The Government is expected to reveal its roadmap for the unlocking of the country next week (Monday 22 February), which Johnson said would be when more details around the trade reopening will be revealed.
During a visit to a mass vaccination centre in Cwmbran in south Wales today (Wednesday 17 February), the Prime Minister was asked if he agreed with calls for case rates to be much lower before hospitality reopens.
He responded: “I certainly think we need to go in stages, we need to go cautiously. Last year, we opened up hospitality fully as one of the last things we did because there is obviously an extra risk of transmission from hospitality.
“But we will be setting it all out on Monday. I know there’s a lot of understandable speculation in the papers and people are coming up with theories about what we are going to do and what we are going to say about rates of infection and so on, I would advise everybody, just wait, we will try and say as much as we can on Monday.”
Cautious and prudent
On the expected announcement next week, Johnson said the plan will be based on a “cautious and prudent approach to coming out of lockdown in such a way that is irreversible. We want to be going one way from now on based on the incredible vaccination roll out”.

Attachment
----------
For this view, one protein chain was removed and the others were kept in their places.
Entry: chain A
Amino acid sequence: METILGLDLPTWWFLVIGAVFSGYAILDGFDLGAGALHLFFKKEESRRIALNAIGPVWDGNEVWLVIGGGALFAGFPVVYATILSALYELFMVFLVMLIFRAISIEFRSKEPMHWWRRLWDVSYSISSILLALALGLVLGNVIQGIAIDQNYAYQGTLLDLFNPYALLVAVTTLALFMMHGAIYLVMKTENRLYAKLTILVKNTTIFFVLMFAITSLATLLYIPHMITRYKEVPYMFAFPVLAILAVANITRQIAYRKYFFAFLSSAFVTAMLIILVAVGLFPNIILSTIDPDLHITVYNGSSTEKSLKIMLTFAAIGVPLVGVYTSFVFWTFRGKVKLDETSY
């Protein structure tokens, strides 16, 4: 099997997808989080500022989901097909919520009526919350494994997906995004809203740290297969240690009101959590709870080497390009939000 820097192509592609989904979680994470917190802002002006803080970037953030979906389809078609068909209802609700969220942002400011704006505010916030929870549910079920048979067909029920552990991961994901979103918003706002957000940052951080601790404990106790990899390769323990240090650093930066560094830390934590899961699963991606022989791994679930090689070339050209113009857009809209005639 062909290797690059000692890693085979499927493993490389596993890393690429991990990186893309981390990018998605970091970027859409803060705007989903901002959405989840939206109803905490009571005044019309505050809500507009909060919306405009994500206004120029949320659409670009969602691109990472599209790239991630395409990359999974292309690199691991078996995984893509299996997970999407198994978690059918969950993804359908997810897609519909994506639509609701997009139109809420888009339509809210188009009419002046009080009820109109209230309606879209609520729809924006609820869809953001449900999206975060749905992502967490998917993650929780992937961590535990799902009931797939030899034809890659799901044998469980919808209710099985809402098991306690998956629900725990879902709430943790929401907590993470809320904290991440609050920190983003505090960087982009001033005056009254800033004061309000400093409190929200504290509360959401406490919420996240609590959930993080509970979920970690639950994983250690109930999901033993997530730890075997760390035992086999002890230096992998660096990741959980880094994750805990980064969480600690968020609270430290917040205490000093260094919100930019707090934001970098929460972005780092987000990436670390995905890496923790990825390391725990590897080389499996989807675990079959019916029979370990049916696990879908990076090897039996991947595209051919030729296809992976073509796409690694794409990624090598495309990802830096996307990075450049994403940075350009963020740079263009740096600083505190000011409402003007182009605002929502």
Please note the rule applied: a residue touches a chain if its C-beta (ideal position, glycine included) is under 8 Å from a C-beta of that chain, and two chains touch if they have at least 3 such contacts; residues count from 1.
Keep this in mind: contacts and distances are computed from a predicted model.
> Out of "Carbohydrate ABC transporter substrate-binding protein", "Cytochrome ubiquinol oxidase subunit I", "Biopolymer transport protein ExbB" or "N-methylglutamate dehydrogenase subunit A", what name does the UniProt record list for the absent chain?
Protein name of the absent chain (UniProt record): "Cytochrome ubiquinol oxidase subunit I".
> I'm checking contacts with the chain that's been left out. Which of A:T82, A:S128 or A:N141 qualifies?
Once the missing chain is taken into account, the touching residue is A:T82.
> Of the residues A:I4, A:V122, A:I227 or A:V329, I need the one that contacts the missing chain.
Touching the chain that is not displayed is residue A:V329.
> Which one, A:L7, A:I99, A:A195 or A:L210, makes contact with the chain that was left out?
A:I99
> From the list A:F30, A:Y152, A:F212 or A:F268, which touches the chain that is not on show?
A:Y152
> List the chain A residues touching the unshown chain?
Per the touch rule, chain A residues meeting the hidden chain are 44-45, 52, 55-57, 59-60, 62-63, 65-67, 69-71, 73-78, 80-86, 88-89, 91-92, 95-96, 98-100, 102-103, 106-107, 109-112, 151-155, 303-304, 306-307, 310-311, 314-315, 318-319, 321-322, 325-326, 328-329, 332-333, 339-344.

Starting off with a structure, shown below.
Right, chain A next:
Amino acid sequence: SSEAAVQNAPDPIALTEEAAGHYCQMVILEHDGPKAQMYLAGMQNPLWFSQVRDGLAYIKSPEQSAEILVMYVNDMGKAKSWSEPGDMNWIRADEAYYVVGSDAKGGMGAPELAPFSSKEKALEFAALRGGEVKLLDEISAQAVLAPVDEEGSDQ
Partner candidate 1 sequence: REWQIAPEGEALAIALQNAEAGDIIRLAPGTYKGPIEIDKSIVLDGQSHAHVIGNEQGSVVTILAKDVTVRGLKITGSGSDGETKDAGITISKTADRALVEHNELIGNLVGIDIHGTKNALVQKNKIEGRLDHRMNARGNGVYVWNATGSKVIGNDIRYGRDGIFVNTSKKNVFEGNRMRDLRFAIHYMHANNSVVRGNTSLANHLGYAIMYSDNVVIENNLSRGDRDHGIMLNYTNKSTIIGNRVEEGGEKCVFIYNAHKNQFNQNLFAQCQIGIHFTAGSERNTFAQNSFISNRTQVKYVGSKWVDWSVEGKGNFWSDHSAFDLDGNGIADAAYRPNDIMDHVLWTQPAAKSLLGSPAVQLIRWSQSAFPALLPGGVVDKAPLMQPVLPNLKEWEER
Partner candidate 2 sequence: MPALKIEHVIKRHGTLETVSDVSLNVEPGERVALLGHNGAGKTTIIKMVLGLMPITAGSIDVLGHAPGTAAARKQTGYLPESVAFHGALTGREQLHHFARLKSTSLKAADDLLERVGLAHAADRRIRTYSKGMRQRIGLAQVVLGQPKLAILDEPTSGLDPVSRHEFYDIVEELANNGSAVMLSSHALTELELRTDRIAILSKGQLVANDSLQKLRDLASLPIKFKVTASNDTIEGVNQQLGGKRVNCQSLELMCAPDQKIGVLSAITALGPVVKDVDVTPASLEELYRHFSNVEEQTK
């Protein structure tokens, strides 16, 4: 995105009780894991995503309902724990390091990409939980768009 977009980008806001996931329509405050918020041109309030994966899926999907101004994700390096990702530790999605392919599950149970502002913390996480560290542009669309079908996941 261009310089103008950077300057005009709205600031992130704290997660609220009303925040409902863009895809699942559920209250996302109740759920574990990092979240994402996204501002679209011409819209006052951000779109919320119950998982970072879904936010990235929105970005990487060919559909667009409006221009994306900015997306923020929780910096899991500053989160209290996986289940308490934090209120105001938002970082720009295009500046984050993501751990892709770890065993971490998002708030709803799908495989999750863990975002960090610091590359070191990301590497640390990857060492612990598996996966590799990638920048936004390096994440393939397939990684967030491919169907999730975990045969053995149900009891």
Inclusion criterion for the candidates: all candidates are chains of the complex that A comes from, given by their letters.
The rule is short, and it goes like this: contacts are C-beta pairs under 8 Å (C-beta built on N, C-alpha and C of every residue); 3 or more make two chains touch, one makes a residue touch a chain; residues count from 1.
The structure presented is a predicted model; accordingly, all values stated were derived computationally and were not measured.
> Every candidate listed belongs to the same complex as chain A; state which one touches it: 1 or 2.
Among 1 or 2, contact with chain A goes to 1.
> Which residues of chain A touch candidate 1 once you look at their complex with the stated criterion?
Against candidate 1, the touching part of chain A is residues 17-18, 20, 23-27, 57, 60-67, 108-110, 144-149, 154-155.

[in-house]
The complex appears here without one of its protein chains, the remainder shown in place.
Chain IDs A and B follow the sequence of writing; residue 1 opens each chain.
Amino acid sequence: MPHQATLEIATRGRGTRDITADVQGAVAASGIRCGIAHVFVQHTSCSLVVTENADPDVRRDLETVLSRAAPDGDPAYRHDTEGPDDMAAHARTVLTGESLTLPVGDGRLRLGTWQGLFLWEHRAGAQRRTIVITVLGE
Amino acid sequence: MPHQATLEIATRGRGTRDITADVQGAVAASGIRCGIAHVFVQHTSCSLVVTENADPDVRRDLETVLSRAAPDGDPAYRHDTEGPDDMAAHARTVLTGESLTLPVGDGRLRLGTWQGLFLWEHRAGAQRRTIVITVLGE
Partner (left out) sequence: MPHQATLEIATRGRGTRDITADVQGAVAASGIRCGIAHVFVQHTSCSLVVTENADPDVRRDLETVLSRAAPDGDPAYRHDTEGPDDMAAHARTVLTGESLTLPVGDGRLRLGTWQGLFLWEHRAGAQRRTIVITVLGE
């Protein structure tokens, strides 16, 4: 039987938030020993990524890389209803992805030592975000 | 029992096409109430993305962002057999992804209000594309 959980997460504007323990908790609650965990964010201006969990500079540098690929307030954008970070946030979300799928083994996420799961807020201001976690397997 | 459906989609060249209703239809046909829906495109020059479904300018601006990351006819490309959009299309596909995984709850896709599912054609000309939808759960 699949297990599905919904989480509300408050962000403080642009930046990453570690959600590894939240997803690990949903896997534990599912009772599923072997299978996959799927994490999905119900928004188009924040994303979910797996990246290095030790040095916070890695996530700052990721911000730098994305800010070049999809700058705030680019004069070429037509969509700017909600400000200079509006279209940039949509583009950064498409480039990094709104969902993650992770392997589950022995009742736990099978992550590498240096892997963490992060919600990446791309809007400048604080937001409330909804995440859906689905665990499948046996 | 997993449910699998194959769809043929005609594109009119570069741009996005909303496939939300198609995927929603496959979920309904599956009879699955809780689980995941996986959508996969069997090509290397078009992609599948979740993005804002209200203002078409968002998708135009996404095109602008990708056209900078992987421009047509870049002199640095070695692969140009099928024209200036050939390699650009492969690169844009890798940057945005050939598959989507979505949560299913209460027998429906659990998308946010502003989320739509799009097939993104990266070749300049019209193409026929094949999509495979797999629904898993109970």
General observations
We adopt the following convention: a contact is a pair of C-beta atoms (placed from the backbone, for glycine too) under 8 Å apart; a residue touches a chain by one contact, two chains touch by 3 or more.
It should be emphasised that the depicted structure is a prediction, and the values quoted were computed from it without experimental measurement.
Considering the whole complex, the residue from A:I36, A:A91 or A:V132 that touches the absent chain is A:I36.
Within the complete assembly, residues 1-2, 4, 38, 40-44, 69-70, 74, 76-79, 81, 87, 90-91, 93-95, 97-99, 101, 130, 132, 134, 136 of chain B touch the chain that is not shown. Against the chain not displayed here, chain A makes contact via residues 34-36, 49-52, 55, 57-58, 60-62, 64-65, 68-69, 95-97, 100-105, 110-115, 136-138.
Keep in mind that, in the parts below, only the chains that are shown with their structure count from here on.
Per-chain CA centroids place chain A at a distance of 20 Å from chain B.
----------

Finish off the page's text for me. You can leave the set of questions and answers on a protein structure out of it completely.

Many in the trade have been called on the Government to allow the sector to reopen with minimal restrictions.
The British Beer & Pub Association (BBPA) has put together a Road To Recovery report, which highlighted five key points it wanted to Government to consider when pubs can reopen.
It highlighted after the most vulnerable groups have been vaccinated, pubs must reopen when non-essential retail and other parts of the hospitality sector reopen – something that has also been stated by trade voices such as Admiral Taverns boss Chris Jowsey and Greater Manchester night-time adviser and operator Sacha Lord.
Research from the BBPA found in Q2 of 2020, which included lockdown one, beer sales in the on-trade plummeted by 96%.
In Q4 last year, a time with trading restrictions were heavily imposed with tiers and a second lockdown, pub beer sales fell by 77% compared to 2019.
Despite Eat Out to Help Out being in place in Q3, as well as the temporary VAT cut on food and soft drinks, beer sales in pubs still dropped by 27%.
The measures outlined by the BBPA are:
- Business rates holiday extension for the 2021/22 financial year
- The reduced 5% VAT rate on soft drinks, food and accommodation to be extended for a further 12 months and expanded to cover alcoholic drinks with a review in the future in a bid to be a permanent reduction
- Grants and employment support (namely the furlough scheme and Job Retention Bonus) to be continued if trading restrictions are still in place after April
- A brewer compensation fund for stock write-offs due to the pandemic and resulting lockdowns
- Positive and proactive communication to boost consumers returning to hospitality venues alongside consideration of further demand stimulus if confidence in the sector remains fragile